Still Bro,

I have just entered a realm I do not like. Criticism. Let us just remember him as a nice guy and he does seem a nice guy.

I wanted to tell you though, that I read the Sukmani Sahib, Japji Sahib and the sacred Nitnem. They are all meaningful to me and give me much solace. Much peace.

Rajan Singh Jolly (author) from From Mumbai, presently in Jalandhar, INDIA. on October 04, 2014:

Thanks Devika.

Devika Primić from Dubrovnik, Croatia on October 04, 2014:

Great insight here on another different culture.

Rajan Singh Jolly (author) from From Mumbai, presently in Jalandhar, INDIA. on October 03, 2014:

@ billybuc - you are welcome, my friend. I'm glad this has given some info on Sikhism.

@manatita - yes, I'm a Sikh. Thanks for such appreciative comments. I must say you seem to be quite aware about the Sikh religion and practices maybe more than what some Sikhs may be aware about their religion.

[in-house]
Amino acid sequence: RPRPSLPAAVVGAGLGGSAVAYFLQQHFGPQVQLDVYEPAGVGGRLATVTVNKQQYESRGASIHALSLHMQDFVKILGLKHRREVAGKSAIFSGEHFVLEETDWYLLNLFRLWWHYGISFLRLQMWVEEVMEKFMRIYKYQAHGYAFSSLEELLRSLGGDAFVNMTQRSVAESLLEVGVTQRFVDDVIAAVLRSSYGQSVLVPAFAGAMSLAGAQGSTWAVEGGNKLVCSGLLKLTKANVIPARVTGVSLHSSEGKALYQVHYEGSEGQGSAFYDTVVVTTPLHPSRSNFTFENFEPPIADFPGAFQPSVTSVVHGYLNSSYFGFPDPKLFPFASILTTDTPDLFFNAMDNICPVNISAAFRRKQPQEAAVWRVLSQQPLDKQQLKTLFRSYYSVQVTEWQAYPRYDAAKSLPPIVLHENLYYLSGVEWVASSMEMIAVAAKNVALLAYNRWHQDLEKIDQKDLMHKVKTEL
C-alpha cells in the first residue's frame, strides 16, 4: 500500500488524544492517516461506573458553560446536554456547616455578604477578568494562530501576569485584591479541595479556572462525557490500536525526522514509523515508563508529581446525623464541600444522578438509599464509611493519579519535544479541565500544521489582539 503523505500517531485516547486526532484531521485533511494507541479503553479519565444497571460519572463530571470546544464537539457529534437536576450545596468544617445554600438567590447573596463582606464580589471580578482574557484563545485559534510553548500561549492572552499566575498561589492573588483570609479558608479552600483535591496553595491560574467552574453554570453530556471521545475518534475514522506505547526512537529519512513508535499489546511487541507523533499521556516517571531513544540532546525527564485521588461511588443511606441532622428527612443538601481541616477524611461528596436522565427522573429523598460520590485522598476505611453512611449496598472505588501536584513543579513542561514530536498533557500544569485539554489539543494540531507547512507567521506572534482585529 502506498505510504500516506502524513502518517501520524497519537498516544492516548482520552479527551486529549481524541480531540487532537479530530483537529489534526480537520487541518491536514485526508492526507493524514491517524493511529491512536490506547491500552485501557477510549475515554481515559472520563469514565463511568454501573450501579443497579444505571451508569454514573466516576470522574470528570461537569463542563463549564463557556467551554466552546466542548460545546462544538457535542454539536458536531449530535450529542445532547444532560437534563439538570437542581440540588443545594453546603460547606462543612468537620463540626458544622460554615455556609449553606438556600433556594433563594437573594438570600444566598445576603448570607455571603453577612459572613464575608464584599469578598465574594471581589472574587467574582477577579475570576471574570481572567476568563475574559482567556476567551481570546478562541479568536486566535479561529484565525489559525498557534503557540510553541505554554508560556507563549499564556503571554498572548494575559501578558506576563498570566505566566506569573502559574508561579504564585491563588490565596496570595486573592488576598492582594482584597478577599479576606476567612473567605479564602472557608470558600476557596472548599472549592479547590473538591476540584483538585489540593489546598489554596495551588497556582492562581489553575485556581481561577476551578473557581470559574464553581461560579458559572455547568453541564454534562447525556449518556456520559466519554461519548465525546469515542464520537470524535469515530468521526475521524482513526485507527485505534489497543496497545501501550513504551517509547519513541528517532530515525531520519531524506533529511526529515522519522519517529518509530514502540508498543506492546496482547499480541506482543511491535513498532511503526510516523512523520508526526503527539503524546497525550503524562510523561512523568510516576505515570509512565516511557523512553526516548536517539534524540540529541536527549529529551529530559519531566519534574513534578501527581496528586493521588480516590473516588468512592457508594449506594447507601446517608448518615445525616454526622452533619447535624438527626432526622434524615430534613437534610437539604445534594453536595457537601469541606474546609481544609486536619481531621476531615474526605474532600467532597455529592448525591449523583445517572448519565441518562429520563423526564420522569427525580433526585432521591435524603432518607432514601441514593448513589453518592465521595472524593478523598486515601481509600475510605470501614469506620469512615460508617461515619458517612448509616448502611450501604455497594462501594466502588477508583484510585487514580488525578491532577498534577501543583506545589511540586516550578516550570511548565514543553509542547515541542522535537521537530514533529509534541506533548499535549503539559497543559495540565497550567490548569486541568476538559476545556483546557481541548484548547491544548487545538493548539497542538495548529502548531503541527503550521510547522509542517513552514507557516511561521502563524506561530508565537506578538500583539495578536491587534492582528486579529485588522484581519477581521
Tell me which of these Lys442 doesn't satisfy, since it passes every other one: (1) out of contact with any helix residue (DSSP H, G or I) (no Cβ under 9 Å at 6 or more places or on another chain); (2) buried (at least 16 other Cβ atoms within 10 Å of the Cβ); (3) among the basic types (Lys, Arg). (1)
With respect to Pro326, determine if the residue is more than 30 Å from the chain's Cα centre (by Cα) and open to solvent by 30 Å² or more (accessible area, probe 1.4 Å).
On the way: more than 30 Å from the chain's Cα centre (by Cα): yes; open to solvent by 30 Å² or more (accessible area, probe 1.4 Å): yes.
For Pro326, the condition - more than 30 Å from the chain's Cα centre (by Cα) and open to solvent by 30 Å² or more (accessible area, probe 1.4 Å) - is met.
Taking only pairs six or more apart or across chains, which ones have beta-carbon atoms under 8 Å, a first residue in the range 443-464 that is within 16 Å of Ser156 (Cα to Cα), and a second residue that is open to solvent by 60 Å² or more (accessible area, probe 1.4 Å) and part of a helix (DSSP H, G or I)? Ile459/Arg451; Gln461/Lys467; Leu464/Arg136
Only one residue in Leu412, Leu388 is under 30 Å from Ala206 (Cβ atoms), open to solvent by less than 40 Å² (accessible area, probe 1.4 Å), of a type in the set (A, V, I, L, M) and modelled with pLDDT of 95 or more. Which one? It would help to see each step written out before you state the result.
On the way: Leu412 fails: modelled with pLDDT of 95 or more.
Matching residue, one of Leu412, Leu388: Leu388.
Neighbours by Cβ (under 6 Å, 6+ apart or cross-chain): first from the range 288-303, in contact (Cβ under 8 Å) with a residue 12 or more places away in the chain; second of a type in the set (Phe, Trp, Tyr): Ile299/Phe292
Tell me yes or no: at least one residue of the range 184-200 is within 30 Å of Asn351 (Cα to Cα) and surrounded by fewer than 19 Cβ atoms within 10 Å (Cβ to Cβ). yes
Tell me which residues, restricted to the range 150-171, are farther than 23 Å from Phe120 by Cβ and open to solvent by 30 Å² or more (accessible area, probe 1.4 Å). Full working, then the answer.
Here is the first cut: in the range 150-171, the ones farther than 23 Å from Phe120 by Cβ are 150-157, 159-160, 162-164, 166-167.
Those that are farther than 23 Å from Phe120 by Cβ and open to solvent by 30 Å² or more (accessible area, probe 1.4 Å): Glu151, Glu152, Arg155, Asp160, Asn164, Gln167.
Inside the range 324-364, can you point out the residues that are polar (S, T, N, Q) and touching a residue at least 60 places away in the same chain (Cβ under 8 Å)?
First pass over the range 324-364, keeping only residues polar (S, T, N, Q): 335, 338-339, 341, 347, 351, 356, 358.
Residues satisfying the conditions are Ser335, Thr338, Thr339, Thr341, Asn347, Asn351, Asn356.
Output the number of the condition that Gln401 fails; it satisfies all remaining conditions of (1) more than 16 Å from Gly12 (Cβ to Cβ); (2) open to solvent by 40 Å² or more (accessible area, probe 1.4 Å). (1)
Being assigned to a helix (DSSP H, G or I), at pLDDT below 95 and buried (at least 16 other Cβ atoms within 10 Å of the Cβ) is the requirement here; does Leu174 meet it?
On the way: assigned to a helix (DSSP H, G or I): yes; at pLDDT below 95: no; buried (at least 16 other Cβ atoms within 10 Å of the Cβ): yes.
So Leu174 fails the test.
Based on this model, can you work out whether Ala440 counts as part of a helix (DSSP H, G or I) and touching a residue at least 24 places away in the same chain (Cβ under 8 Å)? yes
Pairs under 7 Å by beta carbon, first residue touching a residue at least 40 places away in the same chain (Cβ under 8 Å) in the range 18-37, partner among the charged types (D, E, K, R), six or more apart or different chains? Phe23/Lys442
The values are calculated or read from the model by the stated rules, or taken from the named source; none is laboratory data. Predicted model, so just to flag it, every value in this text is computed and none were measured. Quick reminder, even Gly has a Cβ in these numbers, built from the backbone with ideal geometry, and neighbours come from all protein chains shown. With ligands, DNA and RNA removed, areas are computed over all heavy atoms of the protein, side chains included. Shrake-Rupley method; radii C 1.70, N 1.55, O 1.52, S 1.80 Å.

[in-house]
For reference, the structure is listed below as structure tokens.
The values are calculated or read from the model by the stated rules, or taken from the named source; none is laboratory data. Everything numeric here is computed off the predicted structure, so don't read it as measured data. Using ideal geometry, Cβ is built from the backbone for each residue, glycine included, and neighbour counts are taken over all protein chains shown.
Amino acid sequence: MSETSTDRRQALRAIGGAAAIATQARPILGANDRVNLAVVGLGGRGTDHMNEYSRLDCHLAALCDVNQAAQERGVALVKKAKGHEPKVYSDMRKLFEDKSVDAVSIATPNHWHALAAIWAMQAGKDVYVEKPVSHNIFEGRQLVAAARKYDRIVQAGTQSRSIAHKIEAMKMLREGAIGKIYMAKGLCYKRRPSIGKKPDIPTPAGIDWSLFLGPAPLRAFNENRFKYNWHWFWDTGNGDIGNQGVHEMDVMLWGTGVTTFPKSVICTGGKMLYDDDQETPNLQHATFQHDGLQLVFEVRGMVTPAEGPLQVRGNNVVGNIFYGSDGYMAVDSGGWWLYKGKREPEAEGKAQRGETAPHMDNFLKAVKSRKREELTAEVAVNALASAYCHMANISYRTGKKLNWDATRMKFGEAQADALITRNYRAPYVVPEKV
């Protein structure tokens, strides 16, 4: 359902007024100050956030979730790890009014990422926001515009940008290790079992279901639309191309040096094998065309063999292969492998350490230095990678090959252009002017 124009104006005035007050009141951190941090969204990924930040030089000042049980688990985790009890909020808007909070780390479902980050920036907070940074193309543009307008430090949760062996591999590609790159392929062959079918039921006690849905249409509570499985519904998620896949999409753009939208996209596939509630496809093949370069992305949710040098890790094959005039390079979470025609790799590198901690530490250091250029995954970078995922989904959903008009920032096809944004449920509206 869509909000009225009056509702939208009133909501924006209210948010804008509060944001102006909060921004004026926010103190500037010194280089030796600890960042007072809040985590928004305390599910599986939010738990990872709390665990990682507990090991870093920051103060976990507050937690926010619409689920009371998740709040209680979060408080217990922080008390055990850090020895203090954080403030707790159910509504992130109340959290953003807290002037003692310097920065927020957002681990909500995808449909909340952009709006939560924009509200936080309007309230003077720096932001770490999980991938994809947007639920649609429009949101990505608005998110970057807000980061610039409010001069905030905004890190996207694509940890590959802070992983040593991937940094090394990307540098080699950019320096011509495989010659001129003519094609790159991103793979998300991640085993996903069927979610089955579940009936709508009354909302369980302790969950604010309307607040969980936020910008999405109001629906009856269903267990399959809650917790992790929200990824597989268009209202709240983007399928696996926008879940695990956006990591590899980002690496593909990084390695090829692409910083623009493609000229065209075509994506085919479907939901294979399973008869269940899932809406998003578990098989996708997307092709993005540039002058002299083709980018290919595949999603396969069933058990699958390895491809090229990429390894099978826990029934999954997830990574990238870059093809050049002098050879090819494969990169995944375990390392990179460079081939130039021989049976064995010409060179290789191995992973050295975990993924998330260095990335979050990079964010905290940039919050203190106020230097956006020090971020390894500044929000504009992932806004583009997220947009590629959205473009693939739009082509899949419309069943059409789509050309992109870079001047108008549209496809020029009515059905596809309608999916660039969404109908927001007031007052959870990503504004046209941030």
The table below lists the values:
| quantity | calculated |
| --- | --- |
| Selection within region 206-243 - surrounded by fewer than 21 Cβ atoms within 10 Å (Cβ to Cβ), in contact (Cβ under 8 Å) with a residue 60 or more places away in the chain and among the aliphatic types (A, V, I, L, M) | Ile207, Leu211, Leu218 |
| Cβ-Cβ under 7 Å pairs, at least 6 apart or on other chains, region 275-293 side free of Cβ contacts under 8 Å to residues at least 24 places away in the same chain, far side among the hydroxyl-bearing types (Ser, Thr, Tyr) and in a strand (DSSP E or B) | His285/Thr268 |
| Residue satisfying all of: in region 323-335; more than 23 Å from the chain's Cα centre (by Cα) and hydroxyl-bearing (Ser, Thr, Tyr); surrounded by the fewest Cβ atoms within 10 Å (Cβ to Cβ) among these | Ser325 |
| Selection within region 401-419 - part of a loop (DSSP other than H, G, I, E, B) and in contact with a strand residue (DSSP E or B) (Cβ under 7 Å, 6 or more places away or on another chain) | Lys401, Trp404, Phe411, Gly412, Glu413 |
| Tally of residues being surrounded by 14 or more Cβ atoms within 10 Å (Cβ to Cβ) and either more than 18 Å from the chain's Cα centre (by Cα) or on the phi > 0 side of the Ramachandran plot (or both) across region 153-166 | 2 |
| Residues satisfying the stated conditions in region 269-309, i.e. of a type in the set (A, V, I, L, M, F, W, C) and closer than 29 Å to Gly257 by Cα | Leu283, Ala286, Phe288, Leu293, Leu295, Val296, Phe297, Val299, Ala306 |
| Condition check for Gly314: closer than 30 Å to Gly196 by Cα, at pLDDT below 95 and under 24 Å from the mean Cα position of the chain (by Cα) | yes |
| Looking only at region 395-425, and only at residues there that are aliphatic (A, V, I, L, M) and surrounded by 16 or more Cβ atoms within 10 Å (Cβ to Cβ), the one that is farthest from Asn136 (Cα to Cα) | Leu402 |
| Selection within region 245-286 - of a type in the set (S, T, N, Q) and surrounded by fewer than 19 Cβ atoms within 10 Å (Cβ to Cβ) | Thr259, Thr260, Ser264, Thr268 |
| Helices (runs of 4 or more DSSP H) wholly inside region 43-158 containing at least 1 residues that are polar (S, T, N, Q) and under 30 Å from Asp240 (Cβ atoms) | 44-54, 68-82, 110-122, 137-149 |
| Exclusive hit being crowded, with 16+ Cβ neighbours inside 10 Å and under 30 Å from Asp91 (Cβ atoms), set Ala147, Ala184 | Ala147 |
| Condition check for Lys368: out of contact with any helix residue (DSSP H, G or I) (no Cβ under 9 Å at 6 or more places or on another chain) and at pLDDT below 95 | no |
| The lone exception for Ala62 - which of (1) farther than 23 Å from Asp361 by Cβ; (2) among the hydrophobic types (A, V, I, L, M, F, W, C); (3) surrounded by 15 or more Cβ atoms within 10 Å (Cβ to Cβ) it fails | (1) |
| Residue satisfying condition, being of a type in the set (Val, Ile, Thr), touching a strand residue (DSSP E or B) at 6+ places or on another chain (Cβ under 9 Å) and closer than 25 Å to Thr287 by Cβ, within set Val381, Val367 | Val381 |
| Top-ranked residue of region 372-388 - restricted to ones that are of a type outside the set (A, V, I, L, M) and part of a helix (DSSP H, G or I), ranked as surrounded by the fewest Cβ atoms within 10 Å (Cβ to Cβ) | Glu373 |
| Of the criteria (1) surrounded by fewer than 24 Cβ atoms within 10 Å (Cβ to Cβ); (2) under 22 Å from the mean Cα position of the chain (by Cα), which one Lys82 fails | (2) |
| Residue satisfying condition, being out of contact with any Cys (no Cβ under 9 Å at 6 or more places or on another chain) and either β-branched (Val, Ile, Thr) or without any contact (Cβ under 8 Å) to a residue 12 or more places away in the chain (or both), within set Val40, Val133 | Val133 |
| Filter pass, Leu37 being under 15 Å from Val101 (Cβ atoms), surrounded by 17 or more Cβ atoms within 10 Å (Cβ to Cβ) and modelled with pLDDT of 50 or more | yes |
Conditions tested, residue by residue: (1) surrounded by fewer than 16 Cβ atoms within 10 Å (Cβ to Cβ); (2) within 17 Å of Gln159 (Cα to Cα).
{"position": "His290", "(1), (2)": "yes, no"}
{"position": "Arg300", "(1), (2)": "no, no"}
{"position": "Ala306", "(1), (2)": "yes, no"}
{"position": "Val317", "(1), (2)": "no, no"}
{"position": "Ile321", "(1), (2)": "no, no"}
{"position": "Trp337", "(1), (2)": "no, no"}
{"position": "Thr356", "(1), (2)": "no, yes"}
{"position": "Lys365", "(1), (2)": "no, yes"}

It is always a tough job writing about such spiritually uplifted souls and this is just a small drop in the ocean. Thank you for reading.

@stuff4kids - happy you like the information. I'm glad it has been received well. Thank you.

Amanda Littlejohn on October 03, 2014:

What a fascinating insight into the religious history and beliefs of the Sikh religion.

Very informative. Bless you :)

manatita44 from london on October 03, 2014:

Are you a Sikh, Rajan?

You have done justice in your article to a truly great Being and covered his life story beautifully. Some excellent pictures as well. Of course we all know that it is impossible to cover the life of a God-realised Soul, but I most certainly appreciate what you have done.

I visit the Gurdwara in my vicinity from time to time. I help them in the Langar and they give me free food. I also listen to the Shabads and sit in meditation to the tabla and voices, who constantly give praise to Waheguru through the writings of the great Gurus. Gratitude my friend.

Bill Holland from Olympia, WA on October 03, 2014:

My knowledge of cultures grows every time someone writes an article like this one. Thank you sir!

Related Articles